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What’s Attorney-Client Privilege?
If you are facing a divorce, you should consult a divorce lawyer to assess your case and ensure the process proceeds smoothly.
Although most divorce attorneys offer free consultations, you may be apprehensive because you want the information you disclose to them to remain confidential.
Thankfully, Florida’s rules regarding attorney-client privilege in divorce proceedings ensure that everything you disclose to your lawyer will remain confidential.
What is Considered Privileged Information in Florida Divorce Cases?
Privileged information refers to information that is not permitted to be shared with another party without your consent.
In addition to attorney-client privilege, other examples of privilege in Florida law include:
– Self-incrimination privilege
– The privilege of spousal communication
Most people know the self-incrimination privilege provided by the Fifth Amendment. This amendment states that individuals may not be compelled to testify against themselves in criminal cases. Refusing to do so is often called “pleading the fifth.”
When Does the Attorney-Client Privilege Rule Apply in Florida Divorce Cases?
Once the relationship between an attorney and client has been established, no one can compel the lawyer to disclose confidential information that is related to the client’s representation. Additionally, no one can compel you, the client, to share the confidential information that you have disclosed to the lawyer.
For the attorney-client privilege to apply, there are specific requirements:
– The information disclosed was shared between the lawyer and the client or the potential client, whichever the case may be.
– The reason for the communication was to get legal advice from the attorney.
– At the time of the communication, the client expected the information to remain confidential.
– During the communication, the lawyer was acting in a professional capacity.
Clients should be careful sharing information with their attorney in the presence of a third party. If another party happens to be present during the conversation, the attorney-client privilege will not apply.
Is a Free Consultation Confidential and Privileged?
While there is sometimes a debate over exactly when an attorney-client relationship begins, there is no question that the privilege applies once you sign the retainer and hire an attorney. Most anything you tell the attorney in confidence will remain privileged from that point forward.
However, is the information you shared during a meeting with a Florida divorce lawyer during your free consultation privileged? A judge, in most instances, will likely decide that any information disclosed in the consultation would fall under the rules of attorney-client privilege. As long as the communication was to obtain legal advice from the attorney, the client is protected, even if they have not hired the lawyer.
Waiving the Right to Attorney-Client Privilege
For the most part, privileged information can’t be obtained in a discovery request. Discovery requests typically include interrogatories, depositions, and requests for legal documents. Therefore, an attorney and a client cannot be forced to share privileged information.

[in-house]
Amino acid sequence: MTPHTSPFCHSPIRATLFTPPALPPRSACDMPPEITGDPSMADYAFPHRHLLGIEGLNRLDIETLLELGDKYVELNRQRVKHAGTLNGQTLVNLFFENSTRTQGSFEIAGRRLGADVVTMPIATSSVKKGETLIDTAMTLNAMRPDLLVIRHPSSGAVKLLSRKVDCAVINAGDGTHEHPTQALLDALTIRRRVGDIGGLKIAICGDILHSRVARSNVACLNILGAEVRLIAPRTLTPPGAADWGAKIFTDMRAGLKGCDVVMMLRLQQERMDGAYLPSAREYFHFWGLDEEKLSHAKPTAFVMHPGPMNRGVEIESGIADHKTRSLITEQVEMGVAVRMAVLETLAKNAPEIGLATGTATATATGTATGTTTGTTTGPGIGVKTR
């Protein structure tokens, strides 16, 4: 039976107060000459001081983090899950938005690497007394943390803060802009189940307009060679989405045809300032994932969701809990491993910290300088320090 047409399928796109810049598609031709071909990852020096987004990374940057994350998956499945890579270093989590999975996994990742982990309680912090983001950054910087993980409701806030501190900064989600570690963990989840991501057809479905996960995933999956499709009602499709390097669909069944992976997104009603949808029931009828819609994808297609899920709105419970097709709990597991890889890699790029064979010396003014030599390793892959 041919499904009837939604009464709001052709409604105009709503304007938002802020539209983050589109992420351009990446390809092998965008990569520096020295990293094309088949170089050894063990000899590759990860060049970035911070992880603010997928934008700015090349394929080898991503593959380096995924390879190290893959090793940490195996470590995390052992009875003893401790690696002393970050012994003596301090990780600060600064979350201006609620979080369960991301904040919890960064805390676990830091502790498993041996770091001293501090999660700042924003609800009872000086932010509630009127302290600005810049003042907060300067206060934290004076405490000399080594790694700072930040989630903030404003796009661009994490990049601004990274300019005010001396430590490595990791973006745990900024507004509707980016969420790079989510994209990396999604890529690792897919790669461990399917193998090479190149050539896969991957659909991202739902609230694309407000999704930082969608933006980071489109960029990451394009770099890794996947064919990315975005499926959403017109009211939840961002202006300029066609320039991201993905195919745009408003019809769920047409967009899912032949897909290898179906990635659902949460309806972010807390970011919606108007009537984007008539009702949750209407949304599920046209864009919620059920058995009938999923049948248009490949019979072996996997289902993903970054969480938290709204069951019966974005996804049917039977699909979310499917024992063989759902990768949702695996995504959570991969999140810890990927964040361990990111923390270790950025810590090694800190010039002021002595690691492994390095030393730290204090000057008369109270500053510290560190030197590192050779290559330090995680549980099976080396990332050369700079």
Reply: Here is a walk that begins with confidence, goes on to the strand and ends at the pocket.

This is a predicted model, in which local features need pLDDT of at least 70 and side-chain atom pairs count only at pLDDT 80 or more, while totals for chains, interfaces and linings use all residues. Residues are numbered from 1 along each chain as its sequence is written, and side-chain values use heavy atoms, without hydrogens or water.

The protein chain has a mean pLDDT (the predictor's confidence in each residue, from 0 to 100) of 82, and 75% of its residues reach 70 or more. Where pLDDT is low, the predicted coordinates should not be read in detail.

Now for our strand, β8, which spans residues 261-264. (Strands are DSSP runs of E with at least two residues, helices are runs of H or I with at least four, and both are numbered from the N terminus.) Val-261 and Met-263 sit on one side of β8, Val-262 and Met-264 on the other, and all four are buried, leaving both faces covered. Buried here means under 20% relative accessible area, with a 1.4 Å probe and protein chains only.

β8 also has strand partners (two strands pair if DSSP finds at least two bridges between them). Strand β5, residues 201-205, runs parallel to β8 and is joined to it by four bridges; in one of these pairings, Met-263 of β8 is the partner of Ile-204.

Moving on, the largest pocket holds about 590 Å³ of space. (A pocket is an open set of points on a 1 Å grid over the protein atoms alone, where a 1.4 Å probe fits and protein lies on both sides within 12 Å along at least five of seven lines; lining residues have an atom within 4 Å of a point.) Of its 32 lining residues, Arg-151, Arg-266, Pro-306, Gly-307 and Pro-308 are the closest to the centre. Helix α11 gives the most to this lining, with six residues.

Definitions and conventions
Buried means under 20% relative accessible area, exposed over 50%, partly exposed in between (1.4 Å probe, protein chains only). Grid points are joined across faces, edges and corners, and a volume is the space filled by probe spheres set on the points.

There are some instances, however, where an attorney-client privilege can be waived by a client or simply won’t apply.
For example, clients can waive the attorney-client privilege voluntarily, allowing the attorney to disclose certain confidential information with consent. This attorney-client waiver is sometimes necessary for settlement negotiations or in support of legal allegations.
There are also certain situations where privilege doesn’t apply.
Situations where attorney-client privilege isn’t applicable include:
– Cases where the potential client or client shares information while looking for legal advice on committing fraud or some other crime.
– When a client passes away, and their heirs file a lawsuit regarding their estate.
– In joint representation disputes resulting from a situation in which an attorney represented two parties in the same matter.
– Conversations between inmates and attorneys may be monitored by law enforcement if probable cause exists that privilege may be used in the concealment of terrorist acts.
There are also situations where some information is privileged while other information isn’t. For example, the date, location, or time of an attorney-client meeting is not privileged information, even if the two parties’ conversation is.
Should I Reveal Everything to My Orlando Divorce Lawyer?
The attorney-client privilege rules exist so that clients can be comfortable speaking freely to their attorney without fear that they will disclose that information to someone else. It is of the utmost importance that you tell the attorney everything and share any information that you can regarding your divorce.
The protection from attorney-client privilege and the legal concept behind that protection is significant in Florida lawsuits.
Some people will try to avoid disclosing too much information. But, that is the wrong move. If your attorney is unaware of certain issues, your attorney cannot give you full and adequate legal assistance.
Additionally, if they are revealed during the course of the lawsuit (and they usually will be), it could destroy your entire case. In this situation, you should tell your attorney immediately so they can come up with a strategy to handle these sorts of issues from the start.
Contact Our Divorce Law Firm in Orlando, FL
Contact the experienced Orlando divorce lawyers at McMichen, Cinami & Demps today for legal assistance. Contact our Orlando, FL office at (407) 898-2161 to schedule a free consultation.
McMichen, Cinami & Demps – Orlando Office
1500 E Concord St
Orlando, FL 32803